It seems nowhere is safe for bees these days. The superstar insects, which are critical natural pollinators of many of the world's crops, have experienced devastating population decline across the U.S. and Europe in recent years. One of the biggest threats has been a phenomenon known as colony collapse disorder, in which worker bees or honeybees mysteriously disappear from their hives. But now, a new threat faces bees in California and other parts of the country: almonds.
As NPR reports, up to 80,000 colonies have suffered losses on almond farms throughout California's San Joaquin Valley this year. "This is not normal," Eric Muston, a beekeeping researcher at UC Davis, told NPR. "We haven't been seeing this for years and years and years. We used to see a touch of it here and there, but it's becoming more frequent."
That's because many farmers have resorted to a new form of pesticide and insecticide use known as "tank mixing," where they combine different treatments to crops at the same time. "Growers don't want to go through the fields time after time after time putting on different pesticide materials," Muston explained, "so they basically tank mix them all together and put them on."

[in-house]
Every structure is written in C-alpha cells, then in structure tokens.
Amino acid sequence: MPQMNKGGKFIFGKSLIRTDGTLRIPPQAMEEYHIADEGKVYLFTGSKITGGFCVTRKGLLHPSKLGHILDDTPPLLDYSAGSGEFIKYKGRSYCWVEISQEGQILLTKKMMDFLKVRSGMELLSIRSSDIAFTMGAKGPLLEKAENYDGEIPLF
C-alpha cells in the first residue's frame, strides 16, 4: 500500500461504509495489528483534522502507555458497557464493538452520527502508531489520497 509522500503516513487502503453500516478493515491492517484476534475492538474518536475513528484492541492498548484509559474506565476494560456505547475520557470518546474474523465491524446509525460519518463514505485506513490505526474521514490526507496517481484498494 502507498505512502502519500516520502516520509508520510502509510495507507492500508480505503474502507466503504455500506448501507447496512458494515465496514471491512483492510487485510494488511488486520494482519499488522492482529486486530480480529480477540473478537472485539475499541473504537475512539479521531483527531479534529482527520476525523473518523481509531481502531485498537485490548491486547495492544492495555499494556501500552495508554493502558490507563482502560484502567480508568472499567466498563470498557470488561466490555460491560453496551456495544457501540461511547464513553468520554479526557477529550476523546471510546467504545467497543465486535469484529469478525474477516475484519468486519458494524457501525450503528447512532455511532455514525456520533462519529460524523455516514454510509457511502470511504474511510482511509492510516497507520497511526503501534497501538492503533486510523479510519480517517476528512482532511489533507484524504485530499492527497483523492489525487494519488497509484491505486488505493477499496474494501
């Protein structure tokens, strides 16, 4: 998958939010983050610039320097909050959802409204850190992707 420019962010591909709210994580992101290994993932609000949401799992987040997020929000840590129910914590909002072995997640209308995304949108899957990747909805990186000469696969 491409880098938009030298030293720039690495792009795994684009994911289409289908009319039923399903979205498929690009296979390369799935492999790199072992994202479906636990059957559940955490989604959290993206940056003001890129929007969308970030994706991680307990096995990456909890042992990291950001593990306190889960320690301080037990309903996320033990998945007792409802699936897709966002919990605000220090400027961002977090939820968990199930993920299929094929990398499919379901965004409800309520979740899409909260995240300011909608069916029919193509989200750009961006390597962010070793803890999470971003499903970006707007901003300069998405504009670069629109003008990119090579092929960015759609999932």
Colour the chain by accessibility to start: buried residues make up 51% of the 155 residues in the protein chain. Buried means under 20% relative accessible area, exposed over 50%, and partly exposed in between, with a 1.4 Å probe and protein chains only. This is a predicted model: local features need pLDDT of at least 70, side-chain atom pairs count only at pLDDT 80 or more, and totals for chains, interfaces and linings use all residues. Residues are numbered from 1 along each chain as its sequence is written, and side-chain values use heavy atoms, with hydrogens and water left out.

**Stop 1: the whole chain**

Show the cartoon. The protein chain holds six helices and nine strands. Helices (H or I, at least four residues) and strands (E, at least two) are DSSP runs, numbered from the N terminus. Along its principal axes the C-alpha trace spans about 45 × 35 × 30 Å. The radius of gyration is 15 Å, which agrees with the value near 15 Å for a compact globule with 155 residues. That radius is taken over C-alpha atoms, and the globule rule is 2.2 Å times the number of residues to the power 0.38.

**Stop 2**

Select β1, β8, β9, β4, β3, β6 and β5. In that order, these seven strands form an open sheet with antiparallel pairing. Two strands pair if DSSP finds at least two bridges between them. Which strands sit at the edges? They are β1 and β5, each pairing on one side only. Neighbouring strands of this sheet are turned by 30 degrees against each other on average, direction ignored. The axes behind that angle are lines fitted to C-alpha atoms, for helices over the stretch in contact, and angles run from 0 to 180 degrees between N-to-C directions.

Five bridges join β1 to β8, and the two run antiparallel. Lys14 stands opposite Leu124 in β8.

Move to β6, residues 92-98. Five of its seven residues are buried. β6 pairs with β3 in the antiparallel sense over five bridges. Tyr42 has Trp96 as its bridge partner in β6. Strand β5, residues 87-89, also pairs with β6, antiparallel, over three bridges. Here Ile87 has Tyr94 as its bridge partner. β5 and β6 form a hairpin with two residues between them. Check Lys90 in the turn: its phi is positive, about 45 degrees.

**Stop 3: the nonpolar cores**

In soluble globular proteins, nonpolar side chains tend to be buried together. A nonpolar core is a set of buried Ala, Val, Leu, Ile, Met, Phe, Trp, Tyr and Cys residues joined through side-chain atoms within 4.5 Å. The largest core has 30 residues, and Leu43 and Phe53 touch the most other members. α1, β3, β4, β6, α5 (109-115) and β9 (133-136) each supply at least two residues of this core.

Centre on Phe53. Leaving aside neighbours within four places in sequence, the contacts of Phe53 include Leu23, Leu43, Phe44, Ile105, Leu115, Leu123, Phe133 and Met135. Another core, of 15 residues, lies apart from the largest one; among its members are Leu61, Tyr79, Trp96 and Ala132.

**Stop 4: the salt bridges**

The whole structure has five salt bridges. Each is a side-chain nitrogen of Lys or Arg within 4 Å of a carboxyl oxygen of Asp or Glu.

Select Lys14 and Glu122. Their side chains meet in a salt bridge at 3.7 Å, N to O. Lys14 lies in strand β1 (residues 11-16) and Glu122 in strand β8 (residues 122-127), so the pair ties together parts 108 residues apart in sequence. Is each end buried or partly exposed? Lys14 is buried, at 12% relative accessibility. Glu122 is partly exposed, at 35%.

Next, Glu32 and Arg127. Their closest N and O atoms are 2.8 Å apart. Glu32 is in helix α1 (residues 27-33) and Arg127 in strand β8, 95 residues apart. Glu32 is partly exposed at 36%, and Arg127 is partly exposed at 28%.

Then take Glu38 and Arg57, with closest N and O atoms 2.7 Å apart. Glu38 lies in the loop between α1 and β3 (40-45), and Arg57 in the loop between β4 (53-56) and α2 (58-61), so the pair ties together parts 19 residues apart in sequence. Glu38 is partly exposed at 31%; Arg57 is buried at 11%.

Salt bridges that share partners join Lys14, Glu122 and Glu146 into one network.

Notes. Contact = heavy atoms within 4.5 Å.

California isn't the only place where bees' numbers have been dropping; commercial beekeepers in Texas and Michigan are also hurting. According to Michigan Live, the reason for decline across the country isn't simply tank mixing, though:
The chemical that hurt the bees is not a new one... but this year's circumstances are a little different than usual. Some almond growers, bent on maximizing pollination of a crop hard hit by a prolonged drought in California, urged beekeepers to stay longer than usual, and those bees were vulnerable to chemicals sprayed in nearby crops that were farther along in the season.
Researchers and beekeeping advocates say there are plenty of things to be done about the population decline, but boosting bees' numbers will require some changes. Beekeeping groups recently petitioned the EPA for more thorough labeling on pesticides as well as restrictions on when such pesticides are sprayed, which the agency says it will consider. "Communication and balance needs to improve," Mike Hansen, a Michigan apiary inspector, told Michigan Live. "It's not a game show where you get to guess. [Beekeepers and growers] need to be careful about what decisions they make. "